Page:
read more ›

The Macho Art World

I considered writing a piece this week relating relationships and art to Valentine’s Day, but found myself struggling with it. This was not because I knew that papers and the Internet would already be dripping with pink and chocolate, nor because there’s any lack of artists who make love with their subject. Rather, I struggled because I find the art world so inherently macho.
That is not to say that artists themselves are necessarily macho: artists are dreamers and essentially romantic, aspirational people- to even call yourself one and place yourself near the canon of artists before you- is a lofty enterprise. An artist’s relationship to his or her ultimate realized self is often just as essential as it is to other people.

2008-02-15-1.jpg
David Hockney imagining himself being drawn by Picasso, whom he never met.


Artist and Model, 1973-74. Etching, 22 5/8 x 17 1/4 in., Courtesy of the artist. ©David Hockney. All rights reserved. Courtesy of LACMA

It is also not macho because art prices are soaring and it is still so male-dominated. Even this Thursday the feminist group called “The Guerrilla Girls” called on its members to send a letter to BCAM demanding that the museum reconsider the curation of it’s predominantly white male collection.
No, I find being an artist in the art world macho for other reasons. There’s a required toughness to stick it out, get to work and put it “out there” — more exhibitions, more galleries, more museums — constantly pushing to get on the radar. And the most macho part of all is the need to reach thirty feet inside your own guts for content. Picture young medical students eating pastrami sandwiches around the cadaver they’re studying to show it doesn’t phase them.
2008-02-15-3.jpg
Photographic Painting of Gerhard Richter’s daughter Betty
Certainly there are other spheres of the art world that are different. There are painters who paint flowers and sunsets on the weekends. But even within that sphere there are ardent realists who seek to recreate reality down to the molecule. This is especially prevalent in the water color world where first prize winners are often indistinguishable from the photograph it was copied from. Realism is very macho. When my artist friends and I swoon over one of Gerhard Richter’s photo paintings, we undoubtedly stalk and make the same noises as young men admiring a red muscle car.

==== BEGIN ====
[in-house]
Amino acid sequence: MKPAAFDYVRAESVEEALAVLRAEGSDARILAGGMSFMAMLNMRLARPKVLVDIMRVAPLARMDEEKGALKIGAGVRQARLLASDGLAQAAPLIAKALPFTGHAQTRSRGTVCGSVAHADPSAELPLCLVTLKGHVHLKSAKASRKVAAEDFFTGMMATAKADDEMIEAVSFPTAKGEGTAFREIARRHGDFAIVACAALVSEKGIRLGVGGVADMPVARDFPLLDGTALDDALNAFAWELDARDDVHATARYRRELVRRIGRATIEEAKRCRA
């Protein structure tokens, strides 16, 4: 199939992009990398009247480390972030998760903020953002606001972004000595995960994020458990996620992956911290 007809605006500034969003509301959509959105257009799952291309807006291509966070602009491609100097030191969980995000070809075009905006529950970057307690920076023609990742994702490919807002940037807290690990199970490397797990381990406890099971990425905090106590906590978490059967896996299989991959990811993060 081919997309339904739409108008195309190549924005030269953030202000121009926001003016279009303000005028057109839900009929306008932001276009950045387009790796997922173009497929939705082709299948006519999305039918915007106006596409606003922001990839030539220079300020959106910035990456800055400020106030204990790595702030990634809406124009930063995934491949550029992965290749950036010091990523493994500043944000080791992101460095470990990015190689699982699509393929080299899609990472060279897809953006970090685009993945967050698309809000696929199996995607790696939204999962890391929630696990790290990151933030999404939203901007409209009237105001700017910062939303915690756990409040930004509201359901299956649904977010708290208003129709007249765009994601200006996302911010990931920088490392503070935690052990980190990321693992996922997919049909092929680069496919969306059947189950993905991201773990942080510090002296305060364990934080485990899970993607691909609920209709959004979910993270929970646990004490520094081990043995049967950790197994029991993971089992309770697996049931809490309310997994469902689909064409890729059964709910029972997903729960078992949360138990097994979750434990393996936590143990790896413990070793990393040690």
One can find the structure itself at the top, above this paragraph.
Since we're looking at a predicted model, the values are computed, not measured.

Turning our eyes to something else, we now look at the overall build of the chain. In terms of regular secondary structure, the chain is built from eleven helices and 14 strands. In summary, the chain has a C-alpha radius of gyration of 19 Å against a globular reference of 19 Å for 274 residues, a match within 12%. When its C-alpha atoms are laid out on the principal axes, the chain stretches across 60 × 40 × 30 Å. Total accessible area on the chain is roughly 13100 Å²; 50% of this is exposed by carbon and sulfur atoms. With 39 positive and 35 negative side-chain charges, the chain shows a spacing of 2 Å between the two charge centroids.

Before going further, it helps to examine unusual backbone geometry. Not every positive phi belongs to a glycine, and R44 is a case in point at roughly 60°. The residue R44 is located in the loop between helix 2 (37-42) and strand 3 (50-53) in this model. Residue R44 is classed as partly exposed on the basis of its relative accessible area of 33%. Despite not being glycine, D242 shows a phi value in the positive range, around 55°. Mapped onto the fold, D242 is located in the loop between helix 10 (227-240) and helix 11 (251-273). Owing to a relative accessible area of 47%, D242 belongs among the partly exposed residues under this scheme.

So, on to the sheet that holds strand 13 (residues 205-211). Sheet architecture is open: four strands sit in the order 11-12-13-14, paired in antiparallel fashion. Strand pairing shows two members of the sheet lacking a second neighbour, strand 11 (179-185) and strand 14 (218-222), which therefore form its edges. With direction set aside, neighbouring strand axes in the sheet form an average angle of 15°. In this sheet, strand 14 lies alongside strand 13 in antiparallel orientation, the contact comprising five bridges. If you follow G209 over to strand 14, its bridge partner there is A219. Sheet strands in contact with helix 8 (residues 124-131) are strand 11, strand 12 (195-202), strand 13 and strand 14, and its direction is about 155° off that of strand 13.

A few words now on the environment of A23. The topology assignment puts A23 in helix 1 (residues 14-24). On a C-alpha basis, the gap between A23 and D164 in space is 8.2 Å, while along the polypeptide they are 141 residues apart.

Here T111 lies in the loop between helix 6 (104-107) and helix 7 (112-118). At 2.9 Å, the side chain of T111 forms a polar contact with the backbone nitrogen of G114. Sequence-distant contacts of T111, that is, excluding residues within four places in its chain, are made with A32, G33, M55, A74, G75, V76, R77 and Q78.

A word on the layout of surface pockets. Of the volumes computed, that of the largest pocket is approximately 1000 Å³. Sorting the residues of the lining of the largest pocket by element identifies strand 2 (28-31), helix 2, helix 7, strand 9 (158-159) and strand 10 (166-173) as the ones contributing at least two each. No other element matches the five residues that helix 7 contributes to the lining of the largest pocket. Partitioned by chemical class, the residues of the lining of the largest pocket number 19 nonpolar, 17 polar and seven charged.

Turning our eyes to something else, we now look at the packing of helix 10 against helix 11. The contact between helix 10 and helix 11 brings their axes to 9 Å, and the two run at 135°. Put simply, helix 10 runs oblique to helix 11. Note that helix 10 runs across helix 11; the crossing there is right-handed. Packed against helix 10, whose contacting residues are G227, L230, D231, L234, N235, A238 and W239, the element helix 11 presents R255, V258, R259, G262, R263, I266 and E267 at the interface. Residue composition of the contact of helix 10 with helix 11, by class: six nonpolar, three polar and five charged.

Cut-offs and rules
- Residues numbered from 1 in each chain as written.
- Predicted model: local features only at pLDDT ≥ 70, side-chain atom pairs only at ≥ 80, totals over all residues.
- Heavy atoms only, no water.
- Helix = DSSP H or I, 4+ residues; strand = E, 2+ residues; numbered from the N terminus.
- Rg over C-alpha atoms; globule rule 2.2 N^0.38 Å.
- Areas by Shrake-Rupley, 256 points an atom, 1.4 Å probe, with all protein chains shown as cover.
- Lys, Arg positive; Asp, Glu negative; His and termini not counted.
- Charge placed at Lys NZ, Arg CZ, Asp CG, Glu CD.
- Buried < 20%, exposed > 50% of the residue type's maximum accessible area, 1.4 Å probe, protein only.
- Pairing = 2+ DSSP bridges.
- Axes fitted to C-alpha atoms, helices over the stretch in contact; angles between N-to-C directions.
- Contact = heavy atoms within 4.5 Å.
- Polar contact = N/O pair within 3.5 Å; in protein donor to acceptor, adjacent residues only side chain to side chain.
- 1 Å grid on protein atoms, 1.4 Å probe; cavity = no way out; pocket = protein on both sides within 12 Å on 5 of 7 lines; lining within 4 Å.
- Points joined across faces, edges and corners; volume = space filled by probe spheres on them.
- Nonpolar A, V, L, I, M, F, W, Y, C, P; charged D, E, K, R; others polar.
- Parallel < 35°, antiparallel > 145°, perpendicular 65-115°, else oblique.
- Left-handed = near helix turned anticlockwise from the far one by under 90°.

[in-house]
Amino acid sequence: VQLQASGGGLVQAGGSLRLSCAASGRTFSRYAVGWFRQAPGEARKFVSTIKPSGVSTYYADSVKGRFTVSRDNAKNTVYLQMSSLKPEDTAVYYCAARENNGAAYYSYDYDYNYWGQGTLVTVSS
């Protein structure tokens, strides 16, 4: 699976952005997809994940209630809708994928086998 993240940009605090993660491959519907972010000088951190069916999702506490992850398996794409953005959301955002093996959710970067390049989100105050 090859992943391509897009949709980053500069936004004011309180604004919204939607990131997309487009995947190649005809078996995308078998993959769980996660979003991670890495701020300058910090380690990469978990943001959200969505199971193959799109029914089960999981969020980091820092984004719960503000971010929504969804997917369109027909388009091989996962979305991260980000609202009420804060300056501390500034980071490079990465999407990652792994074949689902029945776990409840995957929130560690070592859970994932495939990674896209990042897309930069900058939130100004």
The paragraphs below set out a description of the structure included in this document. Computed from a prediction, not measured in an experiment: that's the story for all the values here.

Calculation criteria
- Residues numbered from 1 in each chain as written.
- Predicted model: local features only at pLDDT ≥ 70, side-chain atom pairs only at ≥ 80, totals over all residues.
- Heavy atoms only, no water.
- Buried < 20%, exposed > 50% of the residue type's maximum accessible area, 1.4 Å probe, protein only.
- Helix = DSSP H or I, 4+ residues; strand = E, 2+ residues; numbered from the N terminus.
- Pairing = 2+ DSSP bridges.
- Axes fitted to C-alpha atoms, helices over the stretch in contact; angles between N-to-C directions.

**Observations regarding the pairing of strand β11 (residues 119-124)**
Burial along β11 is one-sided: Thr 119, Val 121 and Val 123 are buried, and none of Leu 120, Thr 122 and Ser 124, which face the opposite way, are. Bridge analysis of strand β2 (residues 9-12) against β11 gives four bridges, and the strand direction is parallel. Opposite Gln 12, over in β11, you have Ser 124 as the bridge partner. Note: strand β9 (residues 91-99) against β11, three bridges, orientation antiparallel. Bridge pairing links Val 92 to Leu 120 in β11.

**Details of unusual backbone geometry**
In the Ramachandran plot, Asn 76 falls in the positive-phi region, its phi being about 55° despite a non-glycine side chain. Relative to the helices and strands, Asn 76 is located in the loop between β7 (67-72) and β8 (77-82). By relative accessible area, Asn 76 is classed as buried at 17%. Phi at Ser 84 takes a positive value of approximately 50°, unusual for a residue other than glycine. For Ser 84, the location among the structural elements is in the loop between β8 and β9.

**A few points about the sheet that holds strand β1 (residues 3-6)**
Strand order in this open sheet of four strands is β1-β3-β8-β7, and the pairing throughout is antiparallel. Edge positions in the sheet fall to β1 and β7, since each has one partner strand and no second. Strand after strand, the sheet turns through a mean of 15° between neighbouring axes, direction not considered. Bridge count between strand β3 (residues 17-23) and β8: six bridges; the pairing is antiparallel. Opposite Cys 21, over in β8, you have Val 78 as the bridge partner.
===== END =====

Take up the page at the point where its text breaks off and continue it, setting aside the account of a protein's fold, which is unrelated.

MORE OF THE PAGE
Combine all this machismo with the feminine sensuality of working with paint and color, then the act of being an artist itself forms the ultimate couple.read more ›

The Painter Directs: Julian Schnabel And The Diving Bell and The Butterfly

I watched The Diving Bell and the Butterfly the other night. I couldn’t wait to sink my eyes into what I knew would be a visual extravaganza by painter Julian Schnabel. Film is a great medium. It’s such a new art form, still licking the placenta off its ears, compared to others. But I’m a tough audience — after most movies I just want my money back. But to have someone already established in the Grande Dame of painting, and Julian Schnabel no less, I just knew I was going to be in for a ride.

2007-12-28-1.jpg
Installation of Paintings by Julian Schnabel
read more ›

The Wonderful World of Kirsten Hassenfeld

First Person Artist is a weekly column by artist Kimberly Brooks in which she provides commentary on the creative process and showcases artists’ work from around the world. This week’s artist in the first person is New York’s Kirsten Hassenfeld.
It’s “Christmas Time” here in America and there is such an intoxicating burst of creative energy from so many people at the same time you’d think the earth might flip on its axis. We get out our scissors and paper, make decorations, spontaneously burst into song, string colorful lights all over our trees and houses, strange sculptures sprout on our lawns, drink too much and stay up too late trying to get it all done– gosh, it’s like finals at art school!

2007-12-14-1.jpg
Untitled (Branch), 2007 [detail], Kirsten Hassenfeld, Paper, polystyrene board, acrylic, pipecleaners, light fixture, Approx. 88 x 53 x 53 inches. Commissioned by Rice University Art Gallery, Houston, Texas
Photograph by Nash Baker, nashbaker.com, Courtesy of the artist and Bellwether, New York
read more ›

From Miami Basel with Love

Right now, there is a giant pulsing orb of a fair going on known as Miami Basel singeing most artists’ arm hairs. For those of you who haven’t heard of it, it was started only five years ago as a sister fair to Art Basel Switzerland and has since mushroomed into an extravaganza with over 20 satellite fairs and numerous insane parties and festivities to go along with it. I’m not there, but some of my paintings are, and I have no arm hairs left to speak of.
2007-12-07-19.jpg
A Sculpture by Uri Nir who has a film at the Pulse Fair in Miami. ABS and Stainless steel.
Image Courtesy of Braverman Art Projects.

read more ›

First Person Artist- New Column by Kimberly Brooks

I was walking down Rose Avenue in Venice the other day and the sky sparkled a fantastic shade of blue above a row of rumpled clouds and faded buildings. I rushed to get my camera to take a picture of the way it was playing out. But you just can’t capture that sort of thing on film. As a painter, light and instinct are the currency of my work. I work on many paintings at once and face the ones that are drying against the wall. When I turn them around I look at them afresh and try and let my gut guide the next move.
2007-09-27-kb0.jpg
read more ›

Defiant Iranian Painter Abelina Galustian

One step forward. Two steps back.
It has been six years since the U.S. congratulated itself for “liberating the women of the Taliban”, and one week since a nineteen-year-old girl and gang-rape victim was ordered the penalty of 200 lashes in Saudi Arabia for the act she allegedly caused because she was caught sitting in a car with a man who was not her relative.

2007-11-30-1.jpg
 

“The Whole Story” Oil on 16 Canvases. Kimberly Brooks.